What’s in a Name? Labeling and Gender Nonconformity

I’m dedicating this little aside to a recent injustice my cohort had to deal with, which has led us to action. What’s the big deal about gender neutral bathrooms? I mean, we already have them in a way. The situation that sparks this post involves a conference my cohort played a huge role in facilitating. A major amount of attendees do not play this socially constructed gendered game, so we wanted to accommodate by labeling the single occupancy bathrooms at the location of the conference, “Gender Neutral Restroom,” during the conference. Of course we had to go through red tape, and hit a wall. We kept getting nowhere with the facilities management, who claimed that adding such labels, “prohibits use from the general public,” which is against some health and or safety codes. What ended up happening was chaotic at best, and all gender nonconforming individuals were guided to a single occupancy bathroom inside of an auditorium, behind stage left. This is the ONLY non- gender labeled restroom in the facility I suppose. If they paid the smallest amount of attention to the email conversation, they would have understood that placing a label on a restroom indicating it’s gender openness, is not restricting anyone’s use, but allowing these single bathrooms to be accessible to a larger variety of people. Yes, I know, we are in the South, but why are the facility managers giving such a backlash to the concept of labeling for ONE event? We were not even attempting to get these single stalls permanently changed. Now we are.

I have done some sleuthing about gender neutral public restrooms to try and understand the social climate around this topic. I came upon this article published on Feministing.com entitled, “Gender-neutral Restrooms are Every BODY’S Business.” This piece written by Sesali Bowen discusses an experience that led to discussion of gendered bodies. The point I took from this article is that when one thinks and tries to have gender neutral restrooms, to think about all the issues this might bring. In this author’s case, people were still to be gendered based on their body parts, regardless of the fact that they were trying to be progressive. There is another informative article on bitchmagazine.org all about some of the philosophical issues surrounding this topic. The goal in the article is similar to what I am getting at with questioning the hype and controversy around gender neutral accommodations. Public restrooms have always been a controversial topic, but why such a public backlash? This, to me, is simply pointing out the pathology linked to trans and queer temporalities that our society reifies and perpetuates.

As far as our situation is concerned, we are trying to get a group together to raise awareness about gender nonconformity, trans, and queer communities, and to eventually readdress the issue of placing more accessible gender neutral restrooms in our public spaces. It seems that there are gender neutral restrooms on more and more campuses nationwide, though unfortunately these restrooms were provided after being fought for. If we have to struggle and fight for these safe and confortable spaces for all people in our campus community, we certainly will, although the real issue of the discussion and deconstruction of terms like equality and justice needs to continuously evolve.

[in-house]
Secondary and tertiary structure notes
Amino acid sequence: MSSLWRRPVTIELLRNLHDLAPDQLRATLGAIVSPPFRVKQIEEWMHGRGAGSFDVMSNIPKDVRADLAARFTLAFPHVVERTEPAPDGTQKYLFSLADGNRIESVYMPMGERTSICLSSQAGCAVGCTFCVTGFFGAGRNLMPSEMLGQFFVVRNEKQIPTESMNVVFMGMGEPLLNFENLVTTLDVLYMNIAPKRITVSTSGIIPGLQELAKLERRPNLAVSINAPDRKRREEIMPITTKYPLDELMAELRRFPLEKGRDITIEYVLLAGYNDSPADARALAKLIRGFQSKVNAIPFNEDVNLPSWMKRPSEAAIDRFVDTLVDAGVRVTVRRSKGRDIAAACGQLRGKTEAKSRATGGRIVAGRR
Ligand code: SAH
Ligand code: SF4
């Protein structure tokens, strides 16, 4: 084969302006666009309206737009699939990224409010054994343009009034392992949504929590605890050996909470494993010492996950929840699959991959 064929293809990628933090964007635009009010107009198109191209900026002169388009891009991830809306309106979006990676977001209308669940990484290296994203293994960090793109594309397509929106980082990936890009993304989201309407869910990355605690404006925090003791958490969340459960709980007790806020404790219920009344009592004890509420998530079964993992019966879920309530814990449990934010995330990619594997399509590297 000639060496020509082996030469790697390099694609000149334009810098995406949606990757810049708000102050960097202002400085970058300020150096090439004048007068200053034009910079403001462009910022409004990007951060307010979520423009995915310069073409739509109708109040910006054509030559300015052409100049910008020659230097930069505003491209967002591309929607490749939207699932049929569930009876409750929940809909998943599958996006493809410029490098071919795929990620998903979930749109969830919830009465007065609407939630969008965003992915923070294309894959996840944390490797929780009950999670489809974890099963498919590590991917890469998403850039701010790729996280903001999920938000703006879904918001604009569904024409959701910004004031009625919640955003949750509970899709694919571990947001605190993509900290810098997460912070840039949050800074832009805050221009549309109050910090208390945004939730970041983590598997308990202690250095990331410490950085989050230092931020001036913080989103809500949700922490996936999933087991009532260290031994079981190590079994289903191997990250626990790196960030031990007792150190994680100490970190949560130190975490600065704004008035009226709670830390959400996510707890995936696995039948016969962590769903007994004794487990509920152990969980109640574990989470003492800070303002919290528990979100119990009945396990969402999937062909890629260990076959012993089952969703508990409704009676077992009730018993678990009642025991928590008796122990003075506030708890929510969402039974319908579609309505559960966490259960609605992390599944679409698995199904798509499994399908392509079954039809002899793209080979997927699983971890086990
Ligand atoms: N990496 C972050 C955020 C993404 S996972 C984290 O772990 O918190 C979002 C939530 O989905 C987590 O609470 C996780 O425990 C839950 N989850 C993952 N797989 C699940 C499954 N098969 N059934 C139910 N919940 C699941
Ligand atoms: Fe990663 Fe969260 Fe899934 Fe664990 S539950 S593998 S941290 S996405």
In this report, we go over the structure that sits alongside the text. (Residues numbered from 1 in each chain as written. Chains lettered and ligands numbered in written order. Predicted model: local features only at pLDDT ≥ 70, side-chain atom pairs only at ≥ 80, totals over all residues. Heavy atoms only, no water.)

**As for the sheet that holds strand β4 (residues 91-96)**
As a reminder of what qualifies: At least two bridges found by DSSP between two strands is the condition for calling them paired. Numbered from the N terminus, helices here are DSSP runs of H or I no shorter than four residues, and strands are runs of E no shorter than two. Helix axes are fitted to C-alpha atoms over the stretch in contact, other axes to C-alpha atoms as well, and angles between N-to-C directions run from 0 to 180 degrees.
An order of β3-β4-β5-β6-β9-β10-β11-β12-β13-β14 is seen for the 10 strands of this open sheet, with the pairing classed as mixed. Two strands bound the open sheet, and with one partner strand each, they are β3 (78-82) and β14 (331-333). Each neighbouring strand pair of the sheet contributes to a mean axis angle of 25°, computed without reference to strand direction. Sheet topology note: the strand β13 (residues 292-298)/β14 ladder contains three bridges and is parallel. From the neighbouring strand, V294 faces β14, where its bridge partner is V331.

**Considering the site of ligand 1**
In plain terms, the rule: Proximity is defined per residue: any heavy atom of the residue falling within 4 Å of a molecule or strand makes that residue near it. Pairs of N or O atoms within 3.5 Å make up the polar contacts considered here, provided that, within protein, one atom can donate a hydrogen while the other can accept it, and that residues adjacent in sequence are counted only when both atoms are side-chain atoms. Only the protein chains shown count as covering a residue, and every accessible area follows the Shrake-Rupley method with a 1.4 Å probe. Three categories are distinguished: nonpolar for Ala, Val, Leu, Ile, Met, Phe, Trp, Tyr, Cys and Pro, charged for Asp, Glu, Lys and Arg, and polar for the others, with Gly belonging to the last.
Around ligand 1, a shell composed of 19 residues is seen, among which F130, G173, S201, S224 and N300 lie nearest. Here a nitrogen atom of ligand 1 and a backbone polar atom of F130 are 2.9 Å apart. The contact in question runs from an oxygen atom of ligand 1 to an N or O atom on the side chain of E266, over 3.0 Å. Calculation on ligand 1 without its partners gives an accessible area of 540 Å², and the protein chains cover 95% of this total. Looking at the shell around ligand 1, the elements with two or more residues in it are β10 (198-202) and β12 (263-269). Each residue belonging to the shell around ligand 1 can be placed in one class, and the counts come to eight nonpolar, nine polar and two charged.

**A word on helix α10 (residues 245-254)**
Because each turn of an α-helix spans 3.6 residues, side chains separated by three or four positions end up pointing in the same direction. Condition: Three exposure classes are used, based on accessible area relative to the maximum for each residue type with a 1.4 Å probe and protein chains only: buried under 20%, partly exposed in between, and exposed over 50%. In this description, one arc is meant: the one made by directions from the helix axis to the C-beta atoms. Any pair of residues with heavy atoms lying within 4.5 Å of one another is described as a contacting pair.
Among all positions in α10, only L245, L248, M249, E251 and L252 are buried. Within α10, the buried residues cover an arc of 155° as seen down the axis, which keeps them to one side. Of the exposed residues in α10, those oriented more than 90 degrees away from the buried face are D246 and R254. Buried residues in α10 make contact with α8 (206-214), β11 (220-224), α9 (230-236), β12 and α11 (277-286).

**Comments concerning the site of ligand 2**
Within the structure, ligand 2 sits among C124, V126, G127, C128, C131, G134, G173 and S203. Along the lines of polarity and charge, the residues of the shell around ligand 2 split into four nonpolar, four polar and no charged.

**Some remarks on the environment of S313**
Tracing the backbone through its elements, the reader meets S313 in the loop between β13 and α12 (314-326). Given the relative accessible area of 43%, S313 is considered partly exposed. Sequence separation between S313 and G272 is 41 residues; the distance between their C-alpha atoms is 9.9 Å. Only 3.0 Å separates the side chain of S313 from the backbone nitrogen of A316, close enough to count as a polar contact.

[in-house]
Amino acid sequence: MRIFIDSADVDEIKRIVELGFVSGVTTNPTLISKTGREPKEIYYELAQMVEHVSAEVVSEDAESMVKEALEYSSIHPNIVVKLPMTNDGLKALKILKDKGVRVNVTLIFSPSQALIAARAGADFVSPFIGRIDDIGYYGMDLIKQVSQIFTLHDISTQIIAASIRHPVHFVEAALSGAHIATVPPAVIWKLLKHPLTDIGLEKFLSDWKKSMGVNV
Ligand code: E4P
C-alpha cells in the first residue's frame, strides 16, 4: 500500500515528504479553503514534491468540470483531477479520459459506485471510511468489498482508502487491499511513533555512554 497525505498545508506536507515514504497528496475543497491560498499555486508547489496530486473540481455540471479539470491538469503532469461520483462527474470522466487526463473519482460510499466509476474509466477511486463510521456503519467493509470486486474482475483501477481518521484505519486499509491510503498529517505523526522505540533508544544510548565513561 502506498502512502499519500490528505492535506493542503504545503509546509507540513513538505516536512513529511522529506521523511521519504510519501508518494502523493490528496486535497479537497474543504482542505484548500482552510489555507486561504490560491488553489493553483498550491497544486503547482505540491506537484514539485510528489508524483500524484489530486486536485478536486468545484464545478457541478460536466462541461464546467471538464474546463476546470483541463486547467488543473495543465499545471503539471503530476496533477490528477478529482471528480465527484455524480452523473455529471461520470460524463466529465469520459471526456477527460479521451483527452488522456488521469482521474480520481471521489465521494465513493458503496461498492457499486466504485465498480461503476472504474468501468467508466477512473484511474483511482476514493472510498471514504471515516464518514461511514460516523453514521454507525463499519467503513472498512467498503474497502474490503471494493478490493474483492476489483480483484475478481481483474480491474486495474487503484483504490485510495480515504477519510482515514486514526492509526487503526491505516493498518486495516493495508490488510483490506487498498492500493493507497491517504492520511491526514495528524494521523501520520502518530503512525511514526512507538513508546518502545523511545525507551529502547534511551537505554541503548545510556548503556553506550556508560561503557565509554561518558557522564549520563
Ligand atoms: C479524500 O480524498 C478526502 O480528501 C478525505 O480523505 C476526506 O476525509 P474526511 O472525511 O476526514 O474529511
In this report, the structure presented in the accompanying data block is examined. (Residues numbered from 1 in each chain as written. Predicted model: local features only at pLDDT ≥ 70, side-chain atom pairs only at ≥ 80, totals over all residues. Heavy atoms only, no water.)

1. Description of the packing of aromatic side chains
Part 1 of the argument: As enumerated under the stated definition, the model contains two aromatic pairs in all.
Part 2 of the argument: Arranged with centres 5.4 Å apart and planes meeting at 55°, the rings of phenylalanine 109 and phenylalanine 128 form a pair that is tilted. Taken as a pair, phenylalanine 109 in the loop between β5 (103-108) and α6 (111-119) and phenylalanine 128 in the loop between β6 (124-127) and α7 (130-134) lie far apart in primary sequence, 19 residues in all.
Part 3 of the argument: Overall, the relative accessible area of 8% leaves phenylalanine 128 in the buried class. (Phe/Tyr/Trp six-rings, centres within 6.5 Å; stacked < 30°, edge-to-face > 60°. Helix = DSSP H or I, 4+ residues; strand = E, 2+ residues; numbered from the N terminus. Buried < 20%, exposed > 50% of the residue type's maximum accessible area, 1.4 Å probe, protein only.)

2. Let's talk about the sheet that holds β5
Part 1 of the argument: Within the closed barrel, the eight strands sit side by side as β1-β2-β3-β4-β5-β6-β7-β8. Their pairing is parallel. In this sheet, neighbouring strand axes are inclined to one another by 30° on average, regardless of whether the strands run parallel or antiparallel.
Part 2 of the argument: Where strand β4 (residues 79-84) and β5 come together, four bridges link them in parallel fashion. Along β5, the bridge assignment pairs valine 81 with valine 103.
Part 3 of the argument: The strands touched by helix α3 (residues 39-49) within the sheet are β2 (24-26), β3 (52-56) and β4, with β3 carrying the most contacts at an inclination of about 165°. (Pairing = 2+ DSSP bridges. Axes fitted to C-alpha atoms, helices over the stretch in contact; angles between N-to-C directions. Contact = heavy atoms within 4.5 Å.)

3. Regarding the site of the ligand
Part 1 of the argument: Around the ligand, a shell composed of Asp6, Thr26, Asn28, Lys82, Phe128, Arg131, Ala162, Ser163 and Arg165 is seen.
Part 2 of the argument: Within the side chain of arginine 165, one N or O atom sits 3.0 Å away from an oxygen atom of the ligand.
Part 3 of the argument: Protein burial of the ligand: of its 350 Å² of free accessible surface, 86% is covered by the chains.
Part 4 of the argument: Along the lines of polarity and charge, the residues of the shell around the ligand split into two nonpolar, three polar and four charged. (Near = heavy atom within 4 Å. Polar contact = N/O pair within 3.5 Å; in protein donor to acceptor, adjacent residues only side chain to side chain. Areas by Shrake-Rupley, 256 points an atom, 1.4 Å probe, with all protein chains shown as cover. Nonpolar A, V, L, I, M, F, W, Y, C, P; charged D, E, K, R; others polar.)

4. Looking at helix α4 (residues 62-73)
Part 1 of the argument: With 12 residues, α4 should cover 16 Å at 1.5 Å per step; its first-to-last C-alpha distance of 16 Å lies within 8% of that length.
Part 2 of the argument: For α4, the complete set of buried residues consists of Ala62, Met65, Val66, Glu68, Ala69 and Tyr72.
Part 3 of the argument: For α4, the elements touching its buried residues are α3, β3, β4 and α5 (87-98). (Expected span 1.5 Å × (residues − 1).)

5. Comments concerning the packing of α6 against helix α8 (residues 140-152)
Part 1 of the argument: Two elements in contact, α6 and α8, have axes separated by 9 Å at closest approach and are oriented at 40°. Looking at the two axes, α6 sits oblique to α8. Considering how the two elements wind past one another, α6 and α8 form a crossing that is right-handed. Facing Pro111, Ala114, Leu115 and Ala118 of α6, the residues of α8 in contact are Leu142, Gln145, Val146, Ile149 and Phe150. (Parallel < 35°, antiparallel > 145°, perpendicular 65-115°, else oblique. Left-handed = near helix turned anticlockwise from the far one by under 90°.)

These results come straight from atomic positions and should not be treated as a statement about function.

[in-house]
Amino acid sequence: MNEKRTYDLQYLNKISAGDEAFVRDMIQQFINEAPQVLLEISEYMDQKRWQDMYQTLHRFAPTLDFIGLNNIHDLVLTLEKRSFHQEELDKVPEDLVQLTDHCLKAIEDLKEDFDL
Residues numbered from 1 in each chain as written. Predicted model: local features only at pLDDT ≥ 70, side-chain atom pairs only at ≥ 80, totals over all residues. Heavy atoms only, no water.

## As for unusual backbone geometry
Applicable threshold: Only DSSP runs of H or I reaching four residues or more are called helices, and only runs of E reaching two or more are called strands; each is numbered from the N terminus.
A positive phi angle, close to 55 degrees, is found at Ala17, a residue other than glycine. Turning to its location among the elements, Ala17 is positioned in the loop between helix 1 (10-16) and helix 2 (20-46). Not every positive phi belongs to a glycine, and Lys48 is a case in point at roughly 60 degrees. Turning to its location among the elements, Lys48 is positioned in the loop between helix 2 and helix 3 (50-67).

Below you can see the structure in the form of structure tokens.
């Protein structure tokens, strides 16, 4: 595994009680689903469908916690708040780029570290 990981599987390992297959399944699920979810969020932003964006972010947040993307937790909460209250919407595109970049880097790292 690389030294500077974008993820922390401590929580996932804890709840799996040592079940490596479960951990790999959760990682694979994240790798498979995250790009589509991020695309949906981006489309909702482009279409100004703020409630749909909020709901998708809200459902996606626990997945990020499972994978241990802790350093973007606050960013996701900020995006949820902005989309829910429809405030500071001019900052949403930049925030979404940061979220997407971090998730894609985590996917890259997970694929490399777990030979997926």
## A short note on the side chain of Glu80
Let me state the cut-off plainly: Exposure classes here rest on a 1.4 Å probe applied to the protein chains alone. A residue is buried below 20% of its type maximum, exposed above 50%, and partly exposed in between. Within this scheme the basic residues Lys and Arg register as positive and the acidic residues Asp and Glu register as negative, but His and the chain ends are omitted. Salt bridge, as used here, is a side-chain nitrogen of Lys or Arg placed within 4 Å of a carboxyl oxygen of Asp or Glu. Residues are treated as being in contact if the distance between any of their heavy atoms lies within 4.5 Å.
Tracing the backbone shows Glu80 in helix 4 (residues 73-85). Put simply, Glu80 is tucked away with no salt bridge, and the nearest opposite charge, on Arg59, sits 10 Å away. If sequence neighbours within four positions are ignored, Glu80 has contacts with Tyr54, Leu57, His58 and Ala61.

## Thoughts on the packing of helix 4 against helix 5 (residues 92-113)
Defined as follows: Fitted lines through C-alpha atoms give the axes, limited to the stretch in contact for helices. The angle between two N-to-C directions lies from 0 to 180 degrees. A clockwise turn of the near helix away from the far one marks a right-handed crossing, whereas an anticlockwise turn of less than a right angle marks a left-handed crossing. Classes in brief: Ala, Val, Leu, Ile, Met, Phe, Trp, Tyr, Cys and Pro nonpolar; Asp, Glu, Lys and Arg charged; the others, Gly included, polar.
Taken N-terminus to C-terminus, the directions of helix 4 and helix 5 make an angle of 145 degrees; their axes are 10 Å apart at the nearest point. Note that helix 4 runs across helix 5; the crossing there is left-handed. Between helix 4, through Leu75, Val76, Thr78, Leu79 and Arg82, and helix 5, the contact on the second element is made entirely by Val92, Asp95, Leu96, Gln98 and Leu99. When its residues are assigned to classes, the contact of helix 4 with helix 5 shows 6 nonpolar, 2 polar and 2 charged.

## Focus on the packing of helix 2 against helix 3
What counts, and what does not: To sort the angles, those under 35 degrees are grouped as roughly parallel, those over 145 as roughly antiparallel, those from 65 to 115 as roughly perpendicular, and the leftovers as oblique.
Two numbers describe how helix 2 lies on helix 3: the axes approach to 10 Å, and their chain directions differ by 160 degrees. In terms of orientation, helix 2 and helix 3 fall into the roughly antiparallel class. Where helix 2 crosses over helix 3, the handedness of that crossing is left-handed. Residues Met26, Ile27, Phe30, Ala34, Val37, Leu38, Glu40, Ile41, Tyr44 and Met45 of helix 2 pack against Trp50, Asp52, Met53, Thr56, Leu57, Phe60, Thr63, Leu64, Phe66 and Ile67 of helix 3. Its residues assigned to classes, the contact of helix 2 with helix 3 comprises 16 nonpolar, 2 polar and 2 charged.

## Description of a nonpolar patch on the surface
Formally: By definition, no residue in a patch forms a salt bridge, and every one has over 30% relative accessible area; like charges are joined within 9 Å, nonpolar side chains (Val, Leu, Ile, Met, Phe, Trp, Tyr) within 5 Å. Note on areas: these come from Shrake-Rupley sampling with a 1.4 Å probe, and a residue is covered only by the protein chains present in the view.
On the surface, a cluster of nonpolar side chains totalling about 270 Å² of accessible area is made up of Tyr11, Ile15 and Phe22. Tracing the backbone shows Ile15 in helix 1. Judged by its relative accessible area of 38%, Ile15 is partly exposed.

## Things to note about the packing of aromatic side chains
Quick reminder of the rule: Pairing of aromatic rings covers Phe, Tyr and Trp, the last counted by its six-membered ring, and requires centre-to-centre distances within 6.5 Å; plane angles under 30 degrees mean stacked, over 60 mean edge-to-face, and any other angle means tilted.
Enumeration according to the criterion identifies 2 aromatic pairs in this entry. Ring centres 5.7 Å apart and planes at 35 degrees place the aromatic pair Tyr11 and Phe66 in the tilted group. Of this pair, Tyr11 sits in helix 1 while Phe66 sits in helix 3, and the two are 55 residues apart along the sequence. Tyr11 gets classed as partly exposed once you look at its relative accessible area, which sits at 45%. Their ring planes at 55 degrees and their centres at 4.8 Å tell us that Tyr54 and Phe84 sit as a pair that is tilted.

What we want on campus:


Is this really progressive? It’s still perpetuating the binary. How frustrating.


More like it I suppose.


About thepsych1

I am a natural progression. As I learn and grow, so does this blog as a reflection of myself. Poetry Art Videos Critique Let's collaborate. Bring your friends.
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3 Responses to What’s in a Name? Labeling and Gender Nonconformity

  1. Ritchie says:

    Great post! Really appreciated the links and candor about the recent events. Hope you and your cohort get the school to change their discriminating trend.

  2. joshuahowitt says:

    I think the problem is that all spaces are also ‘sexed’. Maybe they don’t have signs and labels, but public space and our cities are sexed in a hetronormative way. I.e. the town and city is dominated by straight (often white and rich) men. Gay or queer people can escape these ‘normal’ spaces by going to ‘gay spaces’ (you know – the areas of many cities where there are lots of queer bars etc.).

    In the context of a restroom, it is a nice idea to have everyone use the same space (it works it gay clubs). But in normal spaces, these restrooms would be dominated by straight men who (sometimes subconsciously) will marginalise women, trans people, gays etc.

    In my view, it is the ability to exclude (for example the ability of a gay sauna to exclude women and straight men) that allow a space to serve the needs of those who wish to use them.


  3. bernie84 says:

    Very interesting article!

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